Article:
Muslims in the United States
Since 2001 Boston College political science professor Peter Skerry has studied the social, political and cultural impact on the American Muslim community of the 9/11 terror attacks. On January 30 the Boisi Center invited him to speak about his research, which will be published in a forthcoming book.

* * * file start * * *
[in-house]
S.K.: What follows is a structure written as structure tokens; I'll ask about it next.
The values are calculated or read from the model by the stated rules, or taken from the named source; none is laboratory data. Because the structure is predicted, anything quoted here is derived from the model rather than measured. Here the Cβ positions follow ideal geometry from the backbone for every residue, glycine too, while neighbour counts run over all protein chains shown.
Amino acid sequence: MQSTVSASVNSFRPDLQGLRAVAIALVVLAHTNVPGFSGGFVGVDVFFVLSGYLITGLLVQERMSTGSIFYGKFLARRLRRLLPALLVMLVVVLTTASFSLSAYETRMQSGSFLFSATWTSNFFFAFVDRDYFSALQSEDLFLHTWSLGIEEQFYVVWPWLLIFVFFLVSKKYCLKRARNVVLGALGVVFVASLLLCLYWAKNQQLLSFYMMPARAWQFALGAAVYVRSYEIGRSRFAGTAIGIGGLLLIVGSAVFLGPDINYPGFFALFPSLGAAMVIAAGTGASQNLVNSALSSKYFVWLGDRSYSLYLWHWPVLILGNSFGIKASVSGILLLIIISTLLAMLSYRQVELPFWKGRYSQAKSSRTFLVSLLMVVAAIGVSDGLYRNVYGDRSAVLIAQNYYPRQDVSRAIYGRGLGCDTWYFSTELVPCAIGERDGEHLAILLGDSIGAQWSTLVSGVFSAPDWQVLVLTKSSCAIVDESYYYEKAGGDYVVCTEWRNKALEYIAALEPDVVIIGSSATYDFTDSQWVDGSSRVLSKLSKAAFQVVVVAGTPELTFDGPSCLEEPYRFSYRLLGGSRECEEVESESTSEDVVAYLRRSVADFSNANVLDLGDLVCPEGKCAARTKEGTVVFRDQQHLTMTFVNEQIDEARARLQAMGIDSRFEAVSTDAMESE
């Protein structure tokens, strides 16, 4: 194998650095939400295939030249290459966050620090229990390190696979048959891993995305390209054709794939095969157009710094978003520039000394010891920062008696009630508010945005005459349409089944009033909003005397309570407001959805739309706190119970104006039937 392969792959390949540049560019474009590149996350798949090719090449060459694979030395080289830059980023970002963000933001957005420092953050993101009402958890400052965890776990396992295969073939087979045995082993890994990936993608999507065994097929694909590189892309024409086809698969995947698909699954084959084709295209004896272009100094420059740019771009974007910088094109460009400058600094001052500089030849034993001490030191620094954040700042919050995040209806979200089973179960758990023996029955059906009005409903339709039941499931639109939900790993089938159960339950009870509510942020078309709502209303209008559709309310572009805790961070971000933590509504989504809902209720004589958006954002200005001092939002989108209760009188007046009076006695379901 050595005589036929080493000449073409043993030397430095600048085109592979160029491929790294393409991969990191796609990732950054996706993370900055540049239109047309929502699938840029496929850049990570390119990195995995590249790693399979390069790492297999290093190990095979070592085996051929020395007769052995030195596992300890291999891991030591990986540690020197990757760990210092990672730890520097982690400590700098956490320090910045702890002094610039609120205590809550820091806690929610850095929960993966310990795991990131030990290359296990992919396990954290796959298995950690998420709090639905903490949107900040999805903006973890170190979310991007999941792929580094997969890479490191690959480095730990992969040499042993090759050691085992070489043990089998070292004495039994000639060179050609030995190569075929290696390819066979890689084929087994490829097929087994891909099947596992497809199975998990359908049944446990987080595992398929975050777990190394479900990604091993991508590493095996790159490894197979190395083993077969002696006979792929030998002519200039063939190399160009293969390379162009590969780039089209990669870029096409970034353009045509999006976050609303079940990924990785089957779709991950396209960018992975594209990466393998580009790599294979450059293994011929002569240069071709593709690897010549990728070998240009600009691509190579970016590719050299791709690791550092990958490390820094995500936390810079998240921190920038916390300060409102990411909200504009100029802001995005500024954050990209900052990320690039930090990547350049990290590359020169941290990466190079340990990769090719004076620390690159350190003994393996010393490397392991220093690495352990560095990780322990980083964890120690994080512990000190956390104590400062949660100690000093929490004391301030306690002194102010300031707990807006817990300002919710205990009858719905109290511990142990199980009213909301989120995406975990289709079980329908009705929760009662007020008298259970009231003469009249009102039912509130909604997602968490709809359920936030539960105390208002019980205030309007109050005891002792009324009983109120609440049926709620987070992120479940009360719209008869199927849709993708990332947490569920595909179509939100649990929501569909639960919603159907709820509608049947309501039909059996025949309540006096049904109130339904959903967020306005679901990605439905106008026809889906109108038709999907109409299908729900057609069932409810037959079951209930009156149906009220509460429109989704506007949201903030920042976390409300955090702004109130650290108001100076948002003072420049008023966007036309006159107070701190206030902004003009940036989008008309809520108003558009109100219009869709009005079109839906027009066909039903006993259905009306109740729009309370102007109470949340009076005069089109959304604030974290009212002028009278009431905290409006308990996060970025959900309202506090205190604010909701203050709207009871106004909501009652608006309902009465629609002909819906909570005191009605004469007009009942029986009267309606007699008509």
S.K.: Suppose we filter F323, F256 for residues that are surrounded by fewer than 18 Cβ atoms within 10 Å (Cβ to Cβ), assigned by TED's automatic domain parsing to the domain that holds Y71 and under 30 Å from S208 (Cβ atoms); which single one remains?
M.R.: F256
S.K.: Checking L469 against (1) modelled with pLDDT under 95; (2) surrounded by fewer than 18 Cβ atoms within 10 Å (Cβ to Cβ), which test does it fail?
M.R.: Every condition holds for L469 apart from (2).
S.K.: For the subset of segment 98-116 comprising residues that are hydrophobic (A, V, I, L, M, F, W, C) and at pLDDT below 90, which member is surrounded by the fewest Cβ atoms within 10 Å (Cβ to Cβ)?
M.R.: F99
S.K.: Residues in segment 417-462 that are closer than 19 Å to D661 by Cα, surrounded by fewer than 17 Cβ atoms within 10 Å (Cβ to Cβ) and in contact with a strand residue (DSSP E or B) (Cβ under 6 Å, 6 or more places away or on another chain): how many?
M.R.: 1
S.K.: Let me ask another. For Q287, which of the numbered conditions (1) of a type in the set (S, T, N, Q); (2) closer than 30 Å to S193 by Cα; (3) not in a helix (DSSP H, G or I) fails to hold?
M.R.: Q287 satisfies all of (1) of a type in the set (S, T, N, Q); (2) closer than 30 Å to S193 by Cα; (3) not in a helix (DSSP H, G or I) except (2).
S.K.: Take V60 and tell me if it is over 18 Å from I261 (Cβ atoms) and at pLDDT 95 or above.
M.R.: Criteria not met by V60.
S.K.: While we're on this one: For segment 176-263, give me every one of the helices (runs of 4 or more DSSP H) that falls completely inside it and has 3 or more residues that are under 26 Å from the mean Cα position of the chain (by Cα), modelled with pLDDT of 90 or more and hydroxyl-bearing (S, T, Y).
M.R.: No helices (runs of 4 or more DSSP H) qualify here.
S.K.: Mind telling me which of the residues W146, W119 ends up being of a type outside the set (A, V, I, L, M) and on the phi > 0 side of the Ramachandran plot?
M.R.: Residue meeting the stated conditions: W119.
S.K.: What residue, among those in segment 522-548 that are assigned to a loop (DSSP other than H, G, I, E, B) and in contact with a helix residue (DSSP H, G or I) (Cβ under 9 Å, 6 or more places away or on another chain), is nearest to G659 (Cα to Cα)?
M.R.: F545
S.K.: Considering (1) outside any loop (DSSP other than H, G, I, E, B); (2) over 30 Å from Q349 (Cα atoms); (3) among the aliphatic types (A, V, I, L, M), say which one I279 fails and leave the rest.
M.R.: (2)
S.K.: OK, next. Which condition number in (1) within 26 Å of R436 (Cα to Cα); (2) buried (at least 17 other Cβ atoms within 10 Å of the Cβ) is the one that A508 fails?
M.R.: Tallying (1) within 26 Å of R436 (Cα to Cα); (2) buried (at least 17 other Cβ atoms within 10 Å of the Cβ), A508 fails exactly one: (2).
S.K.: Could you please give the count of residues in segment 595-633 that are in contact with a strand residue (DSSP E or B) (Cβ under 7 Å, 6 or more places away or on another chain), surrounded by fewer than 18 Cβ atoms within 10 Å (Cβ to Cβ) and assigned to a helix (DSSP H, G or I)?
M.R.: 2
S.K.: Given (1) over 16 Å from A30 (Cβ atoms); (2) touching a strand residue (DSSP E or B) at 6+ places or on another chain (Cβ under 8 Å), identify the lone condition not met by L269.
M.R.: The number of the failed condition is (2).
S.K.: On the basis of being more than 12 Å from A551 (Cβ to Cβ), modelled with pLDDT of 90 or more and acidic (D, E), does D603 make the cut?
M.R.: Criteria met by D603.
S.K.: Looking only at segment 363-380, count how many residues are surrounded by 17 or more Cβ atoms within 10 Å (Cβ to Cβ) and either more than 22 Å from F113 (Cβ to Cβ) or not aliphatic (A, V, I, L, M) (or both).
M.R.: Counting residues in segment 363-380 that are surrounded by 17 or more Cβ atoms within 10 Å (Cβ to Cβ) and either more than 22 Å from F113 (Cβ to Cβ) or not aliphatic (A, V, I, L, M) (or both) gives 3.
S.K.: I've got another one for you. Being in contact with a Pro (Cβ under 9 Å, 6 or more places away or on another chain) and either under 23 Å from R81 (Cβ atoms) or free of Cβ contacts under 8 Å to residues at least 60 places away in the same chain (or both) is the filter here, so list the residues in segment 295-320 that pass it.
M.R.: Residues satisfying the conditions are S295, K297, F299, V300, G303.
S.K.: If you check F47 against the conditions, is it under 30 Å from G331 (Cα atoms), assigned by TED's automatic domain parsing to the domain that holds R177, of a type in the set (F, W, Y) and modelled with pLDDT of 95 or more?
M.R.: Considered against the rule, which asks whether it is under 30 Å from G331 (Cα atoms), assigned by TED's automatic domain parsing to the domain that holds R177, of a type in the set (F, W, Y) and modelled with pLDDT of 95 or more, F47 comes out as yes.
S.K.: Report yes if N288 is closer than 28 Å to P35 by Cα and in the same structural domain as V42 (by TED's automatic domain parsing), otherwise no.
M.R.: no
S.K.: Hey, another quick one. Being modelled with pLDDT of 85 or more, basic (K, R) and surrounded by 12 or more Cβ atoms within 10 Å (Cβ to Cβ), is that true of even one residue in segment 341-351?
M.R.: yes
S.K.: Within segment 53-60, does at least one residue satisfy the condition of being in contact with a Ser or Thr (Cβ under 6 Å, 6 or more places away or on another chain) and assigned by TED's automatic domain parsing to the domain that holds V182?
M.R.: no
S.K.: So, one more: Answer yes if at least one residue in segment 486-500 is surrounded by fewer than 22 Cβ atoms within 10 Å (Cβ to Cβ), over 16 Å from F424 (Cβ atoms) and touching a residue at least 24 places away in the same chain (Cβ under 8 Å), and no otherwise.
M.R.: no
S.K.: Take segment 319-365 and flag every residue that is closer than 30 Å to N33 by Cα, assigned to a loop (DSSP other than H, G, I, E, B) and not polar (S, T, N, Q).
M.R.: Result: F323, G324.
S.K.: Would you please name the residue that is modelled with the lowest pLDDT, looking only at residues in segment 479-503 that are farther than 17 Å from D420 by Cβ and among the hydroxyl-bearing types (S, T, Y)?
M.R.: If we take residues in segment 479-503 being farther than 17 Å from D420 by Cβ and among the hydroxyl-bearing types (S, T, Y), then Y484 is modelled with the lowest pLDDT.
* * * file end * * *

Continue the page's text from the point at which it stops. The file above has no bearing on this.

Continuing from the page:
Popular media culture today tends to focus on the international influences on the American Muslim community, but Skerry is primarily interested in domestic considerations: how is the community affected by American politics, society and culture—and conversely, how does it affect American politics, society and culture? This relationship can be understood in two ways, he argued, which have important implications for the Muslim community’s assimilation into American culture. Understood as a racial minority, American Muslims (who are overwhelmingly non-white) become part of this country’s long history of racial discrimination. This would provide legitimacy for them (and their supporters) to draw upon the principles and practices of the 1960s civil rights movement against racial discrimination. Understood as a religious minority, however, American Muslims could look to American Jews and Catholics for common cause, since both of those communities have largely overcome their initial historical experience as targets of severe discrimination in the U.S. Skerry found the parallel with Catholics to be the most compelling. Indeed, like Catholics, American Muslims do not fit neatly into either liberal or conservative political categories in this country. While American Muslims have generally welcomed liberal/progressive efforts to protect civil rights and religious freedom, they tend to have deep reservations about the liberal social agenda. The political loyalties of this important group are thus up for grabs in a critical election year.